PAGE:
A trio of alleged rhino poachers had a run-in with some elephants.
An alleged poacher died on Saturday after he was trampled by elephants.
He and two others — both of whom survived — are suspected of hunting for rhinos in South Africa's Kruger National Park, according to CNN. The trio fled when park rangers started to pursue, unfortunately running into a breeding herd of elephants that weren't keen on their uninvited company. The story is laced with schadenfreude: man killing vulnerable species gets comeuppance — but it also illustrates how prevalent poaching still remains today, and just how difficult it is to stop it.
Kruger National Park currently hosts the largest rhino population in the world. Even then, the park is home to only 268 black rhinos and about 3,500 white rhinos. The dwindling numbers illustrate how fragile the species are, yet the concentration of rhinos in one place also makes the park a prime target for poaching — a problem that's devastated the animals in recent years.
That makes fighting poachers in the park like a game of whack-a-mole, as more and more people attempt to hunt down the rhinos.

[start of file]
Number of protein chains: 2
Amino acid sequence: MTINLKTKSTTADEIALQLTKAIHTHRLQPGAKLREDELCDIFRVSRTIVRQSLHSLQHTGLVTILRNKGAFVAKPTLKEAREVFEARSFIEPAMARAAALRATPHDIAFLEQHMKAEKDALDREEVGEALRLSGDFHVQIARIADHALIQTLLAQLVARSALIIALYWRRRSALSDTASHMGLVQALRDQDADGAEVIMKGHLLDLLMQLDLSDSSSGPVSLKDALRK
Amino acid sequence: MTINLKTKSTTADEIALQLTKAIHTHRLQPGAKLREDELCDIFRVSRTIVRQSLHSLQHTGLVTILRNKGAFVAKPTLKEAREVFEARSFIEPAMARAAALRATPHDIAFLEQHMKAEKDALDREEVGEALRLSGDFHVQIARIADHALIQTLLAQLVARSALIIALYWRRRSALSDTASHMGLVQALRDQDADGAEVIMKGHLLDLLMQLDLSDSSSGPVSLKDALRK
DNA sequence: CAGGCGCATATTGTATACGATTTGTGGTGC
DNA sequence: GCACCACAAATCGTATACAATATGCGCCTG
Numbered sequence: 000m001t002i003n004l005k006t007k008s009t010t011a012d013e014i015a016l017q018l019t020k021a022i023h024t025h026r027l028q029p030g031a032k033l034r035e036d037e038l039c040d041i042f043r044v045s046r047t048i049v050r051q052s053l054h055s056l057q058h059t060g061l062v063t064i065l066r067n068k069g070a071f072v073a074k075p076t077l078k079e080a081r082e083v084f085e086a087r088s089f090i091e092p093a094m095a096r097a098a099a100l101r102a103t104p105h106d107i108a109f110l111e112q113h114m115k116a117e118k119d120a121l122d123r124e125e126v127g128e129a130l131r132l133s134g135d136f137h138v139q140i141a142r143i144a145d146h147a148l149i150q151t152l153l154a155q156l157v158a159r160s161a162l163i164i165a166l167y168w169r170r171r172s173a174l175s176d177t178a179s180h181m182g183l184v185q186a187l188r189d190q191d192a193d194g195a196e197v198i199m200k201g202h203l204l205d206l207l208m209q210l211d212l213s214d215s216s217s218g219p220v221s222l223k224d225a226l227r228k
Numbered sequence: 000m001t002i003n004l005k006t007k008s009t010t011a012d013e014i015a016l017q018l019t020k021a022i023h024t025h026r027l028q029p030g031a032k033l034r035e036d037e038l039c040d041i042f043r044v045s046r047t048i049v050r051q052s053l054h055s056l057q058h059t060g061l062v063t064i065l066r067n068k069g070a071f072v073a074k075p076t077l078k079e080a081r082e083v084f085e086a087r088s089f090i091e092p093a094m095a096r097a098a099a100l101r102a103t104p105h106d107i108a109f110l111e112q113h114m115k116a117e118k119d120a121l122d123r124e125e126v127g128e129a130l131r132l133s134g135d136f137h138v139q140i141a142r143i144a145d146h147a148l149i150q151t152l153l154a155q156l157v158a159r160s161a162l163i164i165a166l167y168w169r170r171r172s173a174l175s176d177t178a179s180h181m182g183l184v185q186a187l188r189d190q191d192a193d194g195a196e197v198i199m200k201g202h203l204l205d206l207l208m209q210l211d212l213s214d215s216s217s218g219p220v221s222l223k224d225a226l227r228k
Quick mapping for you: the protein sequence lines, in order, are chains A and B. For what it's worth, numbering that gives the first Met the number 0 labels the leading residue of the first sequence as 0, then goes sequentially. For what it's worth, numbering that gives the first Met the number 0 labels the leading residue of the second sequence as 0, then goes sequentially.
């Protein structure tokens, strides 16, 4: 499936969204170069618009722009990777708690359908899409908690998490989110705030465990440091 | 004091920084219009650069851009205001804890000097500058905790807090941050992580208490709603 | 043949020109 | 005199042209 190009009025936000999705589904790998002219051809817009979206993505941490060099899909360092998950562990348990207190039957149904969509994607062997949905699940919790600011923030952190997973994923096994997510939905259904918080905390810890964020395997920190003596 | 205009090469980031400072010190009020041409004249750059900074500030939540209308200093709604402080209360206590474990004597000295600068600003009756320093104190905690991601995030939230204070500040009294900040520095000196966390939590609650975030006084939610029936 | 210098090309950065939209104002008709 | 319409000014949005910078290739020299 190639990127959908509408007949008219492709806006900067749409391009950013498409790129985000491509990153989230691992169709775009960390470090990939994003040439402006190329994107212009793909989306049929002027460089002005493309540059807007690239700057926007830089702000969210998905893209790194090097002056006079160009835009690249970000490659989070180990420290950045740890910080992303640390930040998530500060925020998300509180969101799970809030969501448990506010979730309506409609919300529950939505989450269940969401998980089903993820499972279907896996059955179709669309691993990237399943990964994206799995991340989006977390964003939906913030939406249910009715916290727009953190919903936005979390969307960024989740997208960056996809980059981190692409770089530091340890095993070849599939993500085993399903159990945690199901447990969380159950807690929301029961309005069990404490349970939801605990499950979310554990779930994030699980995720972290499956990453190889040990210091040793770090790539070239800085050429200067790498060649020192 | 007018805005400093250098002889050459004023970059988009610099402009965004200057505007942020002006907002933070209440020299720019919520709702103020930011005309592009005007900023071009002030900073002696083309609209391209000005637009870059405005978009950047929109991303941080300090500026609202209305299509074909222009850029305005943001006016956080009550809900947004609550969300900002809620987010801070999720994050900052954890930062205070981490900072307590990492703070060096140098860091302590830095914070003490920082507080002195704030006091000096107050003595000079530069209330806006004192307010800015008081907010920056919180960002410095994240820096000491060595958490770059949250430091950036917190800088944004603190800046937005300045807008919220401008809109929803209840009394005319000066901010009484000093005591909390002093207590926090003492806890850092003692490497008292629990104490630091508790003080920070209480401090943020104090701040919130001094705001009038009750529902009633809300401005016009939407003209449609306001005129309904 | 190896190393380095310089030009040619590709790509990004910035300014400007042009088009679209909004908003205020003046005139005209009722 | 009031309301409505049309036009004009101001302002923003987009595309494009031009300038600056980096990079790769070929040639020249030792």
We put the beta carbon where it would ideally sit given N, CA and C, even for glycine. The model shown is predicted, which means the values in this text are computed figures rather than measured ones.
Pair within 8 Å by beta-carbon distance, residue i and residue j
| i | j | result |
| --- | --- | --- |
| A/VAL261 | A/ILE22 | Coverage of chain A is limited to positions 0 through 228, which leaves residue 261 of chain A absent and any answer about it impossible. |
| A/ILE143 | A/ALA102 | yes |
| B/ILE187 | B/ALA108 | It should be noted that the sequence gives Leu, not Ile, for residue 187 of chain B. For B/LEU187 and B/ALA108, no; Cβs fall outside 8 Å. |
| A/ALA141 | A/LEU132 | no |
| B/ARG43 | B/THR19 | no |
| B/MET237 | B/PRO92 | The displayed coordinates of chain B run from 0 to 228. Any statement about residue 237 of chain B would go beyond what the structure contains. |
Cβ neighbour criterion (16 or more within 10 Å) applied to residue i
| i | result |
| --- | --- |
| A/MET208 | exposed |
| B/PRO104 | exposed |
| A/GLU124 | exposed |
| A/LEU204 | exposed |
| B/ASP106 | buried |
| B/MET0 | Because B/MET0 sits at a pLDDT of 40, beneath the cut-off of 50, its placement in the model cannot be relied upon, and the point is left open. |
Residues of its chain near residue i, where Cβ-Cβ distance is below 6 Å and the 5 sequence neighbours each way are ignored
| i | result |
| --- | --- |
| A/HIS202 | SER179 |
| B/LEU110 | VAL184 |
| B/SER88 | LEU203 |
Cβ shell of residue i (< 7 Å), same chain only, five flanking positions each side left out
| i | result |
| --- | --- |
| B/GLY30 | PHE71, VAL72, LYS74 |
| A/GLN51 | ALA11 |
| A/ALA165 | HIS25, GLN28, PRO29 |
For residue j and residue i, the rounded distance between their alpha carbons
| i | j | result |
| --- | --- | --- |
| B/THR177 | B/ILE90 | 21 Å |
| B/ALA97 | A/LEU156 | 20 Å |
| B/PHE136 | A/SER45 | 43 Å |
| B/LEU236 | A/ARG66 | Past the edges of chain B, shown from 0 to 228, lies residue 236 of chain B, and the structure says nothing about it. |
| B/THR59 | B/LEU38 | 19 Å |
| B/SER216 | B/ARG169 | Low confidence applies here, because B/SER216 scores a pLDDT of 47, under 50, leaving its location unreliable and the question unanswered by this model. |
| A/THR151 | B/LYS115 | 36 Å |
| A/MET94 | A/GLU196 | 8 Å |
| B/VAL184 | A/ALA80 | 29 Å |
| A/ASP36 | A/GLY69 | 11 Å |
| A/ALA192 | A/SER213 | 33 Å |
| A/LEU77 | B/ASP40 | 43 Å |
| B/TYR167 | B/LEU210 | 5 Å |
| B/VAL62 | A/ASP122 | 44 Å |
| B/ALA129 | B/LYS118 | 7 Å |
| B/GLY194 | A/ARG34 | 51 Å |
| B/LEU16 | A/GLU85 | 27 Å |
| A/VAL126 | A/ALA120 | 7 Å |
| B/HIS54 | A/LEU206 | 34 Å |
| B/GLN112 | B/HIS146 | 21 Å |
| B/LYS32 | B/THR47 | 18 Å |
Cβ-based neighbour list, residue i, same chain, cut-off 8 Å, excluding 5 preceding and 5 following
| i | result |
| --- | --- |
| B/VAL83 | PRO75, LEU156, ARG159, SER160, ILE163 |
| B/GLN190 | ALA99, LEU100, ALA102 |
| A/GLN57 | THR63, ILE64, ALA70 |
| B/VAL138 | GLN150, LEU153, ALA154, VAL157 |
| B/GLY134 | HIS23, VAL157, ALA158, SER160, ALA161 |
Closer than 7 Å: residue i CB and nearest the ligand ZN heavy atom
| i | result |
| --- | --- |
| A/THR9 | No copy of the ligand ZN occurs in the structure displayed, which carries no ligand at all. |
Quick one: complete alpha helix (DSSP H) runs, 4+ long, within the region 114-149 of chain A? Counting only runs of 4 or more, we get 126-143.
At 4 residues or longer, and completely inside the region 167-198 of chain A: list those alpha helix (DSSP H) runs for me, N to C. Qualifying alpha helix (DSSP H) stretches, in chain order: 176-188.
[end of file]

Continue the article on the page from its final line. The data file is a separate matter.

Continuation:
"We are proud of the teamwork and dedication of our Rangers Corp, our aviators and the K9 unit," Kruger National Park Managing Executive Gareth Coleman said in a release. "It is unfortunate that a life was unnecessarily lost. Only through discipline, teamwork and tenacity will we be able to help stem the tide of rhino poaching in [Kruger National Park]."
As CNN notes, rangers arrested three more poachers the very next day, underscoring the persistence of the threat to protected wildlife in the area.
"The campaign against poaching is the responsibility of all us; it threatens many livelihoods, destroys families and takes much-needed resources to fight crime which could be used for creating jobs and development," Coleman added.
READ MORE: Suspected poacher trampled to death by elephants in South Africa [CNN]
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